Demands may trigger Greek default
LONDON - Finland’s demands for collateral on loans to Greece may trigger a default on $26 billion of bonds sold by Europe’s most-indebted country.
The securities, which represent less than 7 percent of Greece’s $412 billion of bonds, are governed by English, not Greek, law, and include conditions that insist on equal treatment for all investors. Giving collateral to Finland as a condition for aid may breach the requirement that fresh debt does not win repayment priority over existing notes.
“I am pretty sure the Greek government didn’t even know this, their incompetence is legendary,’’ said Andreas Koutras, an analyst at InTouch Capital Markets, a London-based fixed-income adviser. “One should be very careful when giving securities or other collateral, like the Greek government is with the Finns.’’
Finland said this week it is open to renegotiating its Aug. 16 agreement to take collateral in exchange for contributing to Greece’s second bailout, after a backlash prompted similar demands from countries including Austria and the Netherlands. Greece’s 10-year yield climbed to a euro-era record of 18.47 percent today, driving the yield gap to German bunds to 16.22 percentage points, also a record.
Tim Haywood, a London-based fund manager, owns the Greek bonds issued under English law. According to terms of the floating-rate notes due May 2012, he is ranked equally with Finland and other creditors that are claiming priority.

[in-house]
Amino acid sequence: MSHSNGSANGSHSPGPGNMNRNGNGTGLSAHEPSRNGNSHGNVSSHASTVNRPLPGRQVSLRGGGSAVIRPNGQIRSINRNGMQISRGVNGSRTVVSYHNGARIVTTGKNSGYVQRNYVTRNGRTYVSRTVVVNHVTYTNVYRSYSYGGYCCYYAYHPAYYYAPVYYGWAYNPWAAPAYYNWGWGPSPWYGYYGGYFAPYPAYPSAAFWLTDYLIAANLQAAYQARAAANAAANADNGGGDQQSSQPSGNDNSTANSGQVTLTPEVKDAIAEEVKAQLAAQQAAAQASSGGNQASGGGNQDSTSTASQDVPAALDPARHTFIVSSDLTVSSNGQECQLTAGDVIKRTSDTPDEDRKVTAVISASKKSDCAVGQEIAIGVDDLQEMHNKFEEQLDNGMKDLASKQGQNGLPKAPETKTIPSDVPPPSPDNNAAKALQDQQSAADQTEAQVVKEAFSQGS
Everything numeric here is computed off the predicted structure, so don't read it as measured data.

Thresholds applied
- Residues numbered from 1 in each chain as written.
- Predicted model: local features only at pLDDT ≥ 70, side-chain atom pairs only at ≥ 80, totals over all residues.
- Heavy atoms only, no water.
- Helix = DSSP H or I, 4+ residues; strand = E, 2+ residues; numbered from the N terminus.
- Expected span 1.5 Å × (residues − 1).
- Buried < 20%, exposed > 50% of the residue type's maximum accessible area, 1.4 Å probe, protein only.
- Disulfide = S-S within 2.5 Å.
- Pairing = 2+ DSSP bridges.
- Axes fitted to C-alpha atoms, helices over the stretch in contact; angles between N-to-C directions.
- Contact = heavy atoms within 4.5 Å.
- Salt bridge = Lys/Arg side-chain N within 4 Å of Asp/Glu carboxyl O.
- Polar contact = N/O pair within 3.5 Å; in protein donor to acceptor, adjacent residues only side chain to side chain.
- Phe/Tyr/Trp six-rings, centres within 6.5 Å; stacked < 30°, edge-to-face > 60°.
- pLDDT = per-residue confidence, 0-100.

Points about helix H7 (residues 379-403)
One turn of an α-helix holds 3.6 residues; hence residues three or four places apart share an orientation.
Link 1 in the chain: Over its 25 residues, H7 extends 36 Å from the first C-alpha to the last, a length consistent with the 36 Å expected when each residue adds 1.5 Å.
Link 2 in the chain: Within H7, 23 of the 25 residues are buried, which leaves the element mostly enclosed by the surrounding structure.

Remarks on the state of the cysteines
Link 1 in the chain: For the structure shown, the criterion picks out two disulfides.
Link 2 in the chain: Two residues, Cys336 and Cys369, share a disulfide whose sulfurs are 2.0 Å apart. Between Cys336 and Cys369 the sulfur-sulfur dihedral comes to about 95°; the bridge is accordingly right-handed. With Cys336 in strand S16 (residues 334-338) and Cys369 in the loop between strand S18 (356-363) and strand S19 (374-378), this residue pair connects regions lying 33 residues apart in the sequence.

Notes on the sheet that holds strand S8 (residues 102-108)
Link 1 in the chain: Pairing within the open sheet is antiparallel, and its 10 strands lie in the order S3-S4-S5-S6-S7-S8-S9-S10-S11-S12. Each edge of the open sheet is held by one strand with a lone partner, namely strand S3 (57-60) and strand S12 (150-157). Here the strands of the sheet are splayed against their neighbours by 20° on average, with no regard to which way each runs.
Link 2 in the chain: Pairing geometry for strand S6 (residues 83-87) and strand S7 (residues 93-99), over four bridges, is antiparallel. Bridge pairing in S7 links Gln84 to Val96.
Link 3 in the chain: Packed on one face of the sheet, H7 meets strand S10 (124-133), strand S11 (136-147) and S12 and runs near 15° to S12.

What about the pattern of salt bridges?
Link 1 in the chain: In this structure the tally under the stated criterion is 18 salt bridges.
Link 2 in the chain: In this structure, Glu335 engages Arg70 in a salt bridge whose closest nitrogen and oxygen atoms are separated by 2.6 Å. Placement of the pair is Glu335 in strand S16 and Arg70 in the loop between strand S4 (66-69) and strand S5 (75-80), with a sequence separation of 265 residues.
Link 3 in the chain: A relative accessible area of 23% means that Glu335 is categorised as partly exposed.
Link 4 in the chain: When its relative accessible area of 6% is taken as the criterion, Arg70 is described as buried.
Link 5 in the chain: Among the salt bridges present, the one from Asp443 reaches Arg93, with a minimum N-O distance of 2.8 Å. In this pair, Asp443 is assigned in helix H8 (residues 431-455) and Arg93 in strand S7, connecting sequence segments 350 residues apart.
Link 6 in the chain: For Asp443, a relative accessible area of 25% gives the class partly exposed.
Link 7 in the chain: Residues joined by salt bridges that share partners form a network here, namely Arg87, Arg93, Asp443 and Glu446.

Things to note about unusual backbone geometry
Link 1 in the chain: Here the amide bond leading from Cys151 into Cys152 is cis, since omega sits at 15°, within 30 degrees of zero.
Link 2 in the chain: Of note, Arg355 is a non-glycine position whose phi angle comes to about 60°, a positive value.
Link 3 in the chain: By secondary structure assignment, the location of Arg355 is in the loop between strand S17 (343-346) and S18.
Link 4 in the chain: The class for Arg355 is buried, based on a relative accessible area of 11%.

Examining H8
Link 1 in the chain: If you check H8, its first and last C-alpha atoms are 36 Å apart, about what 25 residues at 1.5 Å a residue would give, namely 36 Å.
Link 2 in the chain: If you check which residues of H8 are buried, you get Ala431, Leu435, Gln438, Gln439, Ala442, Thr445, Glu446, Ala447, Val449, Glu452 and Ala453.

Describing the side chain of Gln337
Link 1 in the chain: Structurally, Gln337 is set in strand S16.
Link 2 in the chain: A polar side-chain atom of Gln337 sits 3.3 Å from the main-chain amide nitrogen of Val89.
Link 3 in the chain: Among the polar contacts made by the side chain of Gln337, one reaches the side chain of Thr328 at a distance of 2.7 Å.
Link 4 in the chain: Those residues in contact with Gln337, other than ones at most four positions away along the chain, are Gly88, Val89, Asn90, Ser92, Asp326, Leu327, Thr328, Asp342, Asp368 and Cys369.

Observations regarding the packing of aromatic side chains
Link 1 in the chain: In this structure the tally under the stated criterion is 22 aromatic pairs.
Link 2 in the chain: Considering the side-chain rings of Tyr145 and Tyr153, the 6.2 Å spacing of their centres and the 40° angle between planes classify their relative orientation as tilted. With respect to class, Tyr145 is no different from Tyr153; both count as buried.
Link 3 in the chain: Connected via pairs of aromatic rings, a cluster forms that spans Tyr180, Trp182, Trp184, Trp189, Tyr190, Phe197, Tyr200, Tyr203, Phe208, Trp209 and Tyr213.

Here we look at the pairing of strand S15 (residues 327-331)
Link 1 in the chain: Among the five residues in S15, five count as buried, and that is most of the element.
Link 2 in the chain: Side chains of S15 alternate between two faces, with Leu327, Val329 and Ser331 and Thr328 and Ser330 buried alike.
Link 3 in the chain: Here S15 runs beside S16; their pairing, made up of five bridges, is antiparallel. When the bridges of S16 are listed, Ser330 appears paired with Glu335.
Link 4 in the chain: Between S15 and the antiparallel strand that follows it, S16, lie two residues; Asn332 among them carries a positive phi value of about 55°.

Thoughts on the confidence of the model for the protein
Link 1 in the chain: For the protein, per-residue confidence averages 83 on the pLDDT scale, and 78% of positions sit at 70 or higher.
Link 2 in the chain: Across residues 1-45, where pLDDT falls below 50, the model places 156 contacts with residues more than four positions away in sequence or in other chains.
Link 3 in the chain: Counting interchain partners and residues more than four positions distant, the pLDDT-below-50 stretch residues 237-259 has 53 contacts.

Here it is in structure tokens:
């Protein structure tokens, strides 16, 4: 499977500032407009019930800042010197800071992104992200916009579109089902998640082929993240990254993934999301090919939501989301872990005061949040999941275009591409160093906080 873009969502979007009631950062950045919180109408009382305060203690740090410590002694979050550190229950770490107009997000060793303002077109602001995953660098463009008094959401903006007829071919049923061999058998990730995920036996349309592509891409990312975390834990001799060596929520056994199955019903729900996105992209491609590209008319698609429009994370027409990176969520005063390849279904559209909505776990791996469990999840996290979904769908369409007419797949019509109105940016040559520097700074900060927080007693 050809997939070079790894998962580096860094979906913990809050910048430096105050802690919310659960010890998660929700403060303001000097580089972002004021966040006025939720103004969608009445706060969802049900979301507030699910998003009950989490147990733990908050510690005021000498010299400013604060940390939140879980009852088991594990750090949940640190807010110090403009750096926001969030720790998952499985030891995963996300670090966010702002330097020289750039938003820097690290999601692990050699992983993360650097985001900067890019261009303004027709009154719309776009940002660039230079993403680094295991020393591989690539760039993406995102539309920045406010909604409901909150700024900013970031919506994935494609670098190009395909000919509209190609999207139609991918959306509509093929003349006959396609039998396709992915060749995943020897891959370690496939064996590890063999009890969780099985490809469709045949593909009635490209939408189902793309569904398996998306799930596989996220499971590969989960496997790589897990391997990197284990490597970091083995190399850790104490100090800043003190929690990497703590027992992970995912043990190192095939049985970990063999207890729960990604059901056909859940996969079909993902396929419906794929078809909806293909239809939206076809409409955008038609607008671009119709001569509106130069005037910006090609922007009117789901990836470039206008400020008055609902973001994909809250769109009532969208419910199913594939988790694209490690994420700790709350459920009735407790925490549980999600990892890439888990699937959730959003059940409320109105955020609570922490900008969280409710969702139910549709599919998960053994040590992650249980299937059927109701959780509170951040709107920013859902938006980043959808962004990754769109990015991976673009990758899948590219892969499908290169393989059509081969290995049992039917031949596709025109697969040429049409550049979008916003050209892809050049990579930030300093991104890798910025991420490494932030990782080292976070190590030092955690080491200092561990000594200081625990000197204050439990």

“It is my fervent hope we will be fully repaid,’’ Haywood said. “If not, I expect no one else to be.’’
Greece received a three-year, $158.4 billion rescue in 2010 from the European Union and International Monetary Fund. The nation sought another bailout this year as its economic woes stymied plans to return to the capital markets in 2012, and private investors were asked to participate.
The plan, drawn up by the Institute of International Finance, the bankers’ lobby group, offers bondholders four options to exchange their sovereign debt at a discount for fully or partially collateralized notes.
Providing collateral to lenders seeking agreement on terms for $229 billion of additional aid risks making the new loans senior to the existing international bonds.
The Finnish government said earlier this month it reached an accord on collateral to ensure its contribution to the bailout is repaid.
By giving in to demands for collateral, Greece risks triggering the so-called negative pledges in the documentation of the international bonds, said InTouch’s Koutras. The notes were issued in dollars, Swiss francs, Japanese yen, as well as in euros.
“So long as any note remains outstanding, the Republic shall not create or permit to subsist any mortgage, pledge, lien, or charge upon any of its present or future revenues, properties or assets to secure any external indebtedness,’’ according to the prospectus for Greece’s 2012 bond. The wording is repeated in the documentation of other international bonds.
Failure to respect “any covenant, condition, or provision set out in the notes’’ is an event of default, according to the prospectuses.
A default would allow bondholders to demand immediate repayment of principal and accrued interest, and trigger cross-default clauses on other international borrowings.